Lighthouses - More than 60 lighthouses dot the scenic coast of Maine. Taking a trip along Maine’s coastal Route 1 and exploring the rocky shores and peninsulas along the way gives visitors a true sense of Maine’s maritime heritage through discovering its lighthouses. Perhaps there is no better way to view a lighthouse than from the water. The Maine Maritime Museum in Bath and the Penobscot Marine Museum in Searsport offer lighthouse cruises.

Windjammers - A perfect way to see and explore the more than 3,500 miles of Maine’s beautiful coastline is by water. All along Maine’s coast there are opportunities for tour boat excursions, sailing trips, and cruises lasting anywhere from one hour to one week. One of the most unique ways to cruise the coast is aboard one of Maine’s historic windjammers. Maine is the only place in North America with such a large, historic fleet of traditional sailing vessels. Windjammer cruises offer an experience of a lifetime as you visit tiny fishing villages, explore islands and lighthouses, view whales, seals and puffins up close, or relax accompanied by dramatic scenery and salt air. You can even help the crew sail the ship, if you choose.

Festivals - Maine’s best attributes are celebrated year-round at events across the state. Maine’s festivals are an opportunity to mingle with the locals and are also a way to embrace the state’s rich cultural heritage through learning about maritime history and the state’s Acadian, French and Native American heritage. Summer and fall are dotted by agricultural fairs that crop up in Maine’s heartland. Maine’s love affair with food from the sea is celebrated all summer long, with events including the Yarmouth Clam Festival and the Maine Lobster Festival in Rockland.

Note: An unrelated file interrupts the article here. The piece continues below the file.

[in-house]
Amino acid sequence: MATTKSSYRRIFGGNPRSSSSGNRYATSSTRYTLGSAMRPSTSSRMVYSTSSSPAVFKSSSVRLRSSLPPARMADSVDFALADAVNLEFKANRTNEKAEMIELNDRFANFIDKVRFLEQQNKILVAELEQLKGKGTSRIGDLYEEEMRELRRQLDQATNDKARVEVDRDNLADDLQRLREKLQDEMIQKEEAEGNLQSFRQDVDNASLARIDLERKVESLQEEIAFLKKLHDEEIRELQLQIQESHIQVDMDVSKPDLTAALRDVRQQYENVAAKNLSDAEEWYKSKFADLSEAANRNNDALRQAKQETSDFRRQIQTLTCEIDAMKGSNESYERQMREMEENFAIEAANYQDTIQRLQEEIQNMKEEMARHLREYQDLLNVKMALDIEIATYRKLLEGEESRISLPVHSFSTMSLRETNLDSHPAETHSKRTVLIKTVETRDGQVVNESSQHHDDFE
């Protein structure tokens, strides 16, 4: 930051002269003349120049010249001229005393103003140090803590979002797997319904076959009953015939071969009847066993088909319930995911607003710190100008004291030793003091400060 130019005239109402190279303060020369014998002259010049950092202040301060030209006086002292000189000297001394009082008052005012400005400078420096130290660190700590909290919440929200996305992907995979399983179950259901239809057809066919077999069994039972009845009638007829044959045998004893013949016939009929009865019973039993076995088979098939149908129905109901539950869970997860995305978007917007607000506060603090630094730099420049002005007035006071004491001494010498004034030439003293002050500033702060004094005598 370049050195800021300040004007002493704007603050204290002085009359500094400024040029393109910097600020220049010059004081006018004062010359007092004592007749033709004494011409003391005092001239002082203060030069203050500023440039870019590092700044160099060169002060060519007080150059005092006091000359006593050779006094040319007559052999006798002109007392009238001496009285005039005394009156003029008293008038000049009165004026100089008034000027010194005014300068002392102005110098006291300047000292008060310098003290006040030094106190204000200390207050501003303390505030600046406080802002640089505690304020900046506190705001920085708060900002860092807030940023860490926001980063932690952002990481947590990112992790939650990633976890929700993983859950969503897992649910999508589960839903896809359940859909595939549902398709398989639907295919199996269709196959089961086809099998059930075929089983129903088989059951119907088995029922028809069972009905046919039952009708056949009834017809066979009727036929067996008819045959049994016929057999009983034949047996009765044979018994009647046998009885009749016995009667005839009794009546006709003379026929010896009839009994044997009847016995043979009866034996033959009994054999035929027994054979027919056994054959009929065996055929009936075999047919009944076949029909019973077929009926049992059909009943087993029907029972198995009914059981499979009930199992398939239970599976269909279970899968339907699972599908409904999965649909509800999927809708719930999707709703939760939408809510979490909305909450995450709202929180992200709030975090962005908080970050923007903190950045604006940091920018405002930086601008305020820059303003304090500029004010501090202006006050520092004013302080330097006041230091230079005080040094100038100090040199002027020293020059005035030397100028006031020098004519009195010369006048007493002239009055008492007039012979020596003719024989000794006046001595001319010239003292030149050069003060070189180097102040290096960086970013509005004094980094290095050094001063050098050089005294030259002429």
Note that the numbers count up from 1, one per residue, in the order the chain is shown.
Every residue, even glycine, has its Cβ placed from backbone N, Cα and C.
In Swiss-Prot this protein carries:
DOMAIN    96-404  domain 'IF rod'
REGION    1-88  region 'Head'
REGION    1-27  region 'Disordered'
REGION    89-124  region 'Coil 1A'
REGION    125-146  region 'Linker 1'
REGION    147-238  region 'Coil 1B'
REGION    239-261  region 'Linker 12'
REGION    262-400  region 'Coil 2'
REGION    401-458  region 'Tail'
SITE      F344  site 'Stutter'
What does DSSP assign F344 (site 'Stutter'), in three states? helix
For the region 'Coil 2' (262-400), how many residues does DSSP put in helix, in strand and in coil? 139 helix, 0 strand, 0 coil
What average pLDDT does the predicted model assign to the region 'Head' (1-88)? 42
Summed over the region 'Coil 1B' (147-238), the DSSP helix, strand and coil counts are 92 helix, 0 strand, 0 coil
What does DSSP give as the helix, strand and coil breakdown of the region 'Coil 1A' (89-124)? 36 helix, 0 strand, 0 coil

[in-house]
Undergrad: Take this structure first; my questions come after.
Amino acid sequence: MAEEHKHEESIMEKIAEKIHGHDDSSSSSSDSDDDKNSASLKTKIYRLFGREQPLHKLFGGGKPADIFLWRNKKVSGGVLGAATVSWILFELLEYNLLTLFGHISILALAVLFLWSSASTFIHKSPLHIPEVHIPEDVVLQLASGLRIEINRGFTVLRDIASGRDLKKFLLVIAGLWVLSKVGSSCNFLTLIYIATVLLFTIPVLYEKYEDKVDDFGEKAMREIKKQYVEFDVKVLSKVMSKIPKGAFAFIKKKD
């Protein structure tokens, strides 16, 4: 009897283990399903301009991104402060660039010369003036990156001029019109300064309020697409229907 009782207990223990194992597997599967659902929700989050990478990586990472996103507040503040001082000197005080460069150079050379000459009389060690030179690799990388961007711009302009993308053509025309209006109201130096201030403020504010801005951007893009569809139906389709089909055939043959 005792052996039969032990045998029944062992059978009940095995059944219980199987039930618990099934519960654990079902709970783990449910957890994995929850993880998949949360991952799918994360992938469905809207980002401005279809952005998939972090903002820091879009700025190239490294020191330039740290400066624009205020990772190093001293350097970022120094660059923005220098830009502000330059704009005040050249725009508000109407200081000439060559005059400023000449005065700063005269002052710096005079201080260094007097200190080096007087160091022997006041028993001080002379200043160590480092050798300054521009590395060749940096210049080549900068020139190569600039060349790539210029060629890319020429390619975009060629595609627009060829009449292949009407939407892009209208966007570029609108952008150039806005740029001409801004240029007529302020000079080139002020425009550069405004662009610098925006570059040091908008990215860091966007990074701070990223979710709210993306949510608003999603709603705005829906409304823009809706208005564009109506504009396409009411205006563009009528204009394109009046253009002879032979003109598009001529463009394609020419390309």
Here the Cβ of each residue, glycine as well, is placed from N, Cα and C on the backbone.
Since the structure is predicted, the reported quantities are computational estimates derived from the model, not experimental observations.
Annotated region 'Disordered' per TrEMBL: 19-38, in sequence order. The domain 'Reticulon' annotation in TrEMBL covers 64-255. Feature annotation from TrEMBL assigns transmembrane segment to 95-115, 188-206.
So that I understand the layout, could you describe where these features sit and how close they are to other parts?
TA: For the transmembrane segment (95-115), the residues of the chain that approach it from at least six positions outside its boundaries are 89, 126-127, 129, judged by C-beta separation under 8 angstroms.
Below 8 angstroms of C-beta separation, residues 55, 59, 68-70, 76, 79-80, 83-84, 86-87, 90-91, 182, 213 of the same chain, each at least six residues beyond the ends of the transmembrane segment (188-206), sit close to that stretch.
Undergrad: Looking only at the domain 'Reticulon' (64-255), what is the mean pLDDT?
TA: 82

Downhill/Nordic Skiing - With gradual trails for beginners, some of the steepest terrain in New England for experts, world-class super-pipes, exciting terrain parks, glade skiing and state-of-the-art grooming and snowmaking, Maine’s mountains are relatively undiscovered and uncrowded gems. Maine offers downhill enthusiasts 18 ski areas with a wide variety of on-mountain lodging. Maine also has over 600 kilometers of cross- country skiing at dozens of Nordic ski centers offering visitors another way to embrace winter in Maine. These centers provide safe, well-maintained and groomed trails. Many also offer snowshoeing and ice- skating, and most offer equipment rentals and instruction. The state is home to the Maine Winter Sports Center 10th Mountain Center in Fort Kent, a world-class cross country and biathlon center with trails, lodges with kitchen, locker rooms, sauna and waxing rooms, all groomed and free to the public. Of special interest: Many U.S. Olympians have trained at Maine’s Sugarloaf Resort and at the Maine Winter Sports Center in Fort Kent.